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What are the Eight Disciplines (8D)?

Quality Glossary Definition: Eight disciplines (8D) model

The eight disciplines (8D) model is a problem solving approach typically employed by quality engineers or other professionals, and is most commonly used by the automotive industry but has also been successfully applied in healthcare, retail, finance, government, and manufacturing. The purpose of the 8D methodology is to identify, correct, and eliminate recurring problems, making it useful in product and process improvement.

The 8D problem solving model establishes a permanent corrective action based on statistical analysis of the problem and focuses on the origin of the problem by determining its root causes. Although it originally comprised eight stages, or disciplines, the eight disciplines system was later augmented by an initial planning stage.

How to Use the 8D Approach

Eight Disciplines (8D)

List of the Eight Disciplines (8D)

You can also search articles , case studies , and publications  for 8D resources.

Introduction To 8D Problem Solving

A Disciplined Approach ( Quality Progress ) Nothing causes anxiety for a team quite like the release of a corrective action preventive action (CAPA) system and accompanying eight disciplines (8D) model. Follow this step-by-step explanation of 8D to reassure your team and get results.

In the Loop ( Quality Progress ) An 8D report is a quality report suppliers use to inform a customer about the status of complaint-related actions. Use this refresher to help track the status of customer complaints.

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What is 8D? A template for efficient problem-solving

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How you respond when problems arise is one of the most defining qualities of a manager. Luckily, there are tools you can use to master problem-solving. The 8D method of problem-solving combines teamwork and basic statistics to help you reach a logical solution and prevent new issues from arising.

You’ve spent months overseeing the development of your company's newest project. From initiation, planning, and execution, you’re confident this may be your best work yet.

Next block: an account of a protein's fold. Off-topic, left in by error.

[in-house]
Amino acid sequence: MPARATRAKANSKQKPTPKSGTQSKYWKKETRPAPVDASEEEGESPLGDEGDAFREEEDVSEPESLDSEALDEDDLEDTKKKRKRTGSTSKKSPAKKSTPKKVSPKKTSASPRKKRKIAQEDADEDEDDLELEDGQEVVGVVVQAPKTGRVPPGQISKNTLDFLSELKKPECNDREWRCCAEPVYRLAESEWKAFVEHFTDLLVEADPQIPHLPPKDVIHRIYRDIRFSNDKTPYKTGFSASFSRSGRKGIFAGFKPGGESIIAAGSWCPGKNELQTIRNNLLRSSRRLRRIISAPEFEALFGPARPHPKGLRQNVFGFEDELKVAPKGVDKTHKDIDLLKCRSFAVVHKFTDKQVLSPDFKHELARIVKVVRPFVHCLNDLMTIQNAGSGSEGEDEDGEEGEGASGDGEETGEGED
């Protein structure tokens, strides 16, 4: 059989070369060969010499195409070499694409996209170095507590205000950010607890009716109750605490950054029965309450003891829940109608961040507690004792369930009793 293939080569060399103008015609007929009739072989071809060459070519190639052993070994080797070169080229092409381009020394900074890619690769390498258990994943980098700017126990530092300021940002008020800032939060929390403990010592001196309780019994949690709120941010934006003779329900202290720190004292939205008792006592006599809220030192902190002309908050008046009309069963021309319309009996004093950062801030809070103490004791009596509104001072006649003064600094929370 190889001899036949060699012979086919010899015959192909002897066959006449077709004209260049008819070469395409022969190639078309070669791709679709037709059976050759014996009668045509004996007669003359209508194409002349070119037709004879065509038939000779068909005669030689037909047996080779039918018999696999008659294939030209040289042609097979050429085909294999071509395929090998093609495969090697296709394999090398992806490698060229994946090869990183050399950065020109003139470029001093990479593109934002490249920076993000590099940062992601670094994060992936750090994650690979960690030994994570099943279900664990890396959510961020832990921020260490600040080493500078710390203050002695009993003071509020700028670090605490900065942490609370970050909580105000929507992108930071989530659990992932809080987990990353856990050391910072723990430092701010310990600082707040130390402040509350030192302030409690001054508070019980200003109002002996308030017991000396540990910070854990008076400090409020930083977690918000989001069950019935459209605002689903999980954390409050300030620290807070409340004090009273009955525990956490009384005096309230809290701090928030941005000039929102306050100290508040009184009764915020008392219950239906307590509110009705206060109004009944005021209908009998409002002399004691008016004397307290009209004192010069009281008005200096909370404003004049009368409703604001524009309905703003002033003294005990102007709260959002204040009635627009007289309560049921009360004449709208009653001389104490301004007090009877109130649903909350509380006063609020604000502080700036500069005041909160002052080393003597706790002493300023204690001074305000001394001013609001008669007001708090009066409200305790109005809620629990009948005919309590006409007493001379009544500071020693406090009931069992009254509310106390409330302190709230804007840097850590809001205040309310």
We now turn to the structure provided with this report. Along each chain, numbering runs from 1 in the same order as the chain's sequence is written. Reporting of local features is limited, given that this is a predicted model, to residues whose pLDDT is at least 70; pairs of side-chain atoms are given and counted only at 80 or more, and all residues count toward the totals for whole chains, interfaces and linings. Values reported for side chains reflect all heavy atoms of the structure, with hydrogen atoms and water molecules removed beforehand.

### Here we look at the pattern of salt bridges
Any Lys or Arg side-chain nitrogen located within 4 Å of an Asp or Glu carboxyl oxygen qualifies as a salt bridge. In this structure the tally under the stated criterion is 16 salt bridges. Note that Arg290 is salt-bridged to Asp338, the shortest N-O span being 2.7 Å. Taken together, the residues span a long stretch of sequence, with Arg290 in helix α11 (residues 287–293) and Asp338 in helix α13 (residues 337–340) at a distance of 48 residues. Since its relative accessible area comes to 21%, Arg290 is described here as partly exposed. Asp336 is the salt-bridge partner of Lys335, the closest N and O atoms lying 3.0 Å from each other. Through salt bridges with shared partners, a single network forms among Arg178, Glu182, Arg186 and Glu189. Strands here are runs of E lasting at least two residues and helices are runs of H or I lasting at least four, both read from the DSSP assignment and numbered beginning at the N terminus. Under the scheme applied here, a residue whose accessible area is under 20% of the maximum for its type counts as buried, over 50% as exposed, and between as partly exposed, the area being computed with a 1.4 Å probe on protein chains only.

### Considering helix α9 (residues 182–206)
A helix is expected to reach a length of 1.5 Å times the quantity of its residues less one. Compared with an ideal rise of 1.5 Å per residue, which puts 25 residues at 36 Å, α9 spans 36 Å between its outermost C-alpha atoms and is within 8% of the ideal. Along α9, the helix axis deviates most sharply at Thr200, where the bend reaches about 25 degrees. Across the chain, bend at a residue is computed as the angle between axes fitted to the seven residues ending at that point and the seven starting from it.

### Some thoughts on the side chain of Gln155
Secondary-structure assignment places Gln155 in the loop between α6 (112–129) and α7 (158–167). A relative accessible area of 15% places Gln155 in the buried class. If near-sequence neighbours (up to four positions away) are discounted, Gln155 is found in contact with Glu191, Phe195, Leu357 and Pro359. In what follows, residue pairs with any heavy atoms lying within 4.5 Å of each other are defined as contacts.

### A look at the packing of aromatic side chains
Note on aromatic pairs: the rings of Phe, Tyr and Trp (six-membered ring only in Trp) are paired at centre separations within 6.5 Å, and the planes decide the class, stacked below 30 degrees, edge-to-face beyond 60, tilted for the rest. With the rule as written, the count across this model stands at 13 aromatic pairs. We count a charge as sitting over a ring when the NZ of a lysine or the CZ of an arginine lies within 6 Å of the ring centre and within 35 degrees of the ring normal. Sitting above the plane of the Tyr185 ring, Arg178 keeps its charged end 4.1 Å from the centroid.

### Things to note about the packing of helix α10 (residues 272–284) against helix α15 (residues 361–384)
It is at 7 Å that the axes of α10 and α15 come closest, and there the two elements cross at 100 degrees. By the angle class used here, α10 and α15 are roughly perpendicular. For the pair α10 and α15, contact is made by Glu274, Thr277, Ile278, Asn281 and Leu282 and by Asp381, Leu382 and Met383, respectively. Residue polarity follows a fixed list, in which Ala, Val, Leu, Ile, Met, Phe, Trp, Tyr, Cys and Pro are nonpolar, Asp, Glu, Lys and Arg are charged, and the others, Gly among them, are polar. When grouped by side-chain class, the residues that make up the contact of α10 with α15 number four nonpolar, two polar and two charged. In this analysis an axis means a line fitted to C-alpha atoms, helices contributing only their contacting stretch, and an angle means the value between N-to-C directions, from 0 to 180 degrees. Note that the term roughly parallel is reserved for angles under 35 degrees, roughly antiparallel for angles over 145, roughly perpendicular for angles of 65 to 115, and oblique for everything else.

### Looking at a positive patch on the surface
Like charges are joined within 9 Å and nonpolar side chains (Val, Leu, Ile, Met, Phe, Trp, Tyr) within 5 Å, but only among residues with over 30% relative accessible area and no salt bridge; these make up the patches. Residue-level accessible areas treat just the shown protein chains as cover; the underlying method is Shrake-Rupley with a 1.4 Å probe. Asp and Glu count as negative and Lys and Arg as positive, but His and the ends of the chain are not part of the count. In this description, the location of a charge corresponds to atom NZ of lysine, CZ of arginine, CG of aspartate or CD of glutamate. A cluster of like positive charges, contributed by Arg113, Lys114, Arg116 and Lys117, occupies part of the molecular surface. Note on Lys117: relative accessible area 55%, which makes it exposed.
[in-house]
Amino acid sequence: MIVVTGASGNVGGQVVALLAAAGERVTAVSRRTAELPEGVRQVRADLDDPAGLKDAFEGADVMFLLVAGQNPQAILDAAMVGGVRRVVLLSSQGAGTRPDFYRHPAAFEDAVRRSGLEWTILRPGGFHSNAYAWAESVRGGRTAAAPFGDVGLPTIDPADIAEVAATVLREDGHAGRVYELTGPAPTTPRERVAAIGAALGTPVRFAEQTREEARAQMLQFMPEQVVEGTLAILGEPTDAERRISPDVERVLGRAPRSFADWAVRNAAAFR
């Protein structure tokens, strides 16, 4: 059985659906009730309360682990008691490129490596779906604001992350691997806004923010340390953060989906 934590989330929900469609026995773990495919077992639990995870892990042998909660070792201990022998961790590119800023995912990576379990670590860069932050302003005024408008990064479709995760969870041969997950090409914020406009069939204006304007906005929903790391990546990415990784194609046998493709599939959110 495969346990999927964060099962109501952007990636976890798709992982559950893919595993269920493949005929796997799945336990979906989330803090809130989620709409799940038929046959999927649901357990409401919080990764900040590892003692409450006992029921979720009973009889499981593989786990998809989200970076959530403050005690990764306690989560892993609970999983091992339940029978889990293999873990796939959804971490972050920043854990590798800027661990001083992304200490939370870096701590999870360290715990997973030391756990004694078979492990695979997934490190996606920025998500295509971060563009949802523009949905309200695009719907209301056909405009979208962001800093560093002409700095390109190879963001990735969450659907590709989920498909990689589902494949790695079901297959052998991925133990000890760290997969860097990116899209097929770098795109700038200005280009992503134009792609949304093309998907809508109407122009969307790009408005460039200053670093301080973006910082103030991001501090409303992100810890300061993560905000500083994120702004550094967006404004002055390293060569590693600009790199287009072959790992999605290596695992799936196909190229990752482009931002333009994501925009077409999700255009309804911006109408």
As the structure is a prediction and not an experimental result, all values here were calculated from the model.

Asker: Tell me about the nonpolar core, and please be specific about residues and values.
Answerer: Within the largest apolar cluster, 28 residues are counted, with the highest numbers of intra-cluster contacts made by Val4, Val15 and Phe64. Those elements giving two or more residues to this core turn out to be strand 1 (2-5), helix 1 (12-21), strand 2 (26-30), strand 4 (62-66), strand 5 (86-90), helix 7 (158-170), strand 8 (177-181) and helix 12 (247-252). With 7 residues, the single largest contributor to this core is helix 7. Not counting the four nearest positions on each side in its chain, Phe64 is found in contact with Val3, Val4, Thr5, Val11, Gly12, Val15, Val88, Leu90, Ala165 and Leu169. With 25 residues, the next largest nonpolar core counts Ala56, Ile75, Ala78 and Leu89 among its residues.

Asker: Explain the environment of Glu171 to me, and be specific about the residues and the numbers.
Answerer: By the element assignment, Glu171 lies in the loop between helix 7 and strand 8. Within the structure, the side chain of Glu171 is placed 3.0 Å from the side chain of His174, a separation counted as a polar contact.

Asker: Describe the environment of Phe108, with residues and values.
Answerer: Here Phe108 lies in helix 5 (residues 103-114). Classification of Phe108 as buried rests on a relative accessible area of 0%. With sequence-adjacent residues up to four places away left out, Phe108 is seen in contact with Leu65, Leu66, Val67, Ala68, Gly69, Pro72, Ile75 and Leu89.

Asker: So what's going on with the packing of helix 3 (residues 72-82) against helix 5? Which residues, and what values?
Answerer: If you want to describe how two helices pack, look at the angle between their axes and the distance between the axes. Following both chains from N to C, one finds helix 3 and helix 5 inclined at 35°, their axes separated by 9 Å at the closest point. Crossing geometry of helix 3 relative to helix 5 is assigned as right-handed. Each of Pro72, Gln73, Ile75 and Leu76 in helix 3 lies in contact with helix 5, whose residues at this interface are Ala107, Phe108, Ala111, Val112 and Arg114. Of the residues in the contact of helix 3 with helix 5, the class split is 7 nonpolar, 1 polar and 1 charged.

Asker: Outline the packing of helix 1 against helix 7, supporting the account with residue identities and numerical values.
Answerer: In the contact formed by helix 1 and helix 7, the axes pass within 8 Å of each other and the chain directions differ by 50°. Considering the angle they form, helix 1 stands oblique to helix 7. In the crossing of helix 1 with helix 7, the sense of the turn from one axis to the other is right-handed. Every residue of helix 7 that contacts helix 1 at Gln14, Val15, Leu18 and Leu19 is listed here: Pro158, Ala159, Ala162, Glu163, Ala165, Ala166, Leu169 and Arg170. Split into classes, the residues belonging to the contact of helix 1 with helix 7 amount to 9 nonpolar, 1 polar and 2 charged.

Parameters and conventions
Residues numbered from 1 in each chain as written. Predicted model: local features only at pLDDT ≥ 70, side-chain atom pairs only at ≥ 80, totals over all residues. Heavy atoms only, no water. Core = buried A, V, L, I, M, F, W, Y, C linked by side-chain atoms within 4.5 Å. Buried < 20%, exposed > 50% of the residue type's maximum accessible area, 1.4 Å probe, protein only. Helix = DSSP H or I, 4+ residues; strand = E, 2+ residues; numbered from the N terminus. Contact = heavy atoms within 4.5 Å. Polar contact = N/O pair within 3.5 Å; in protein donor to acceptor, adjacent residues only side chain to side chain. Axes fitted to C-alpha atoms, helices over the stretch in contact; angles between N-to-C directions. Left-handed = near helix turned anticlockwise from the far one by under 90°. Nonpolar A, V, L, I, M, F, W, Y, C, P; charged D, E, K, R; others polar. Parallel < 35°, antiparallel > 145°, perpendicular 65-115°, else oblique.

Until the feedback starts rolling in.

There’s no sugar-coating it—things don’t always go as planned. But production or process issues are hardly a signal to throw in the towel. Instead, focus on honing your problem-solving skills to find a solution that keeps it from happening again. 

The 8D method of problem solving emphasizes the importance of teamwork to not only solve your process woes but prevent new ones from occurring. In this guide, we’ll break down what 8D is, how to use this methodology, and the benefits it can give to you and your team. Plus, get an 8D template to make solving your issue easier. 

What is 8D?

The eight disciplines (8D) method is a problem-solving approach that identifies, corrects, and eliminates recurring problems. By determining the root causes of a problem, managers can use this method to establish a permanent corrective action and prevent recurring issues. 

How do you use the 8D method?

The 8D method is a proven strategy for avoiding long-term damage from recurring problems. If you’re noticing issues in your workflow or processes, then it’s a good time to give this problem-solving method a try. 

To complete an 8D analysis, follow “the eight disciplines” to construct a statistical analysis of the problem and determine the best solution.

The eight disciplines of problem-solving

8D stands for the eight disciplines you will use to establish an 8D report. As you may notice, this outline starts with zero, which makes nine total disciplines. The “zero stage” was developed later as an initial planning stage. 

To illustrate these steps, imagine your organization experienced a decline in team innovation and productivity this past year. Your stakeholders have noticed and want to see changes implemented within the next six months. Below, we’ll use the 8D process to uncover a morale-boosting solution.

[inline illustration] D8 problem solving approach (infographic)

D0: Prepare and plan

Before starting the problem-solving process, evaluate the problem you want to solve. Understanding the background of the problem will help you identify the root cause in later steps. 

Collect information about how the problem has affected a process or product and what the most severe consequences may be. Planning can include:

Gathering data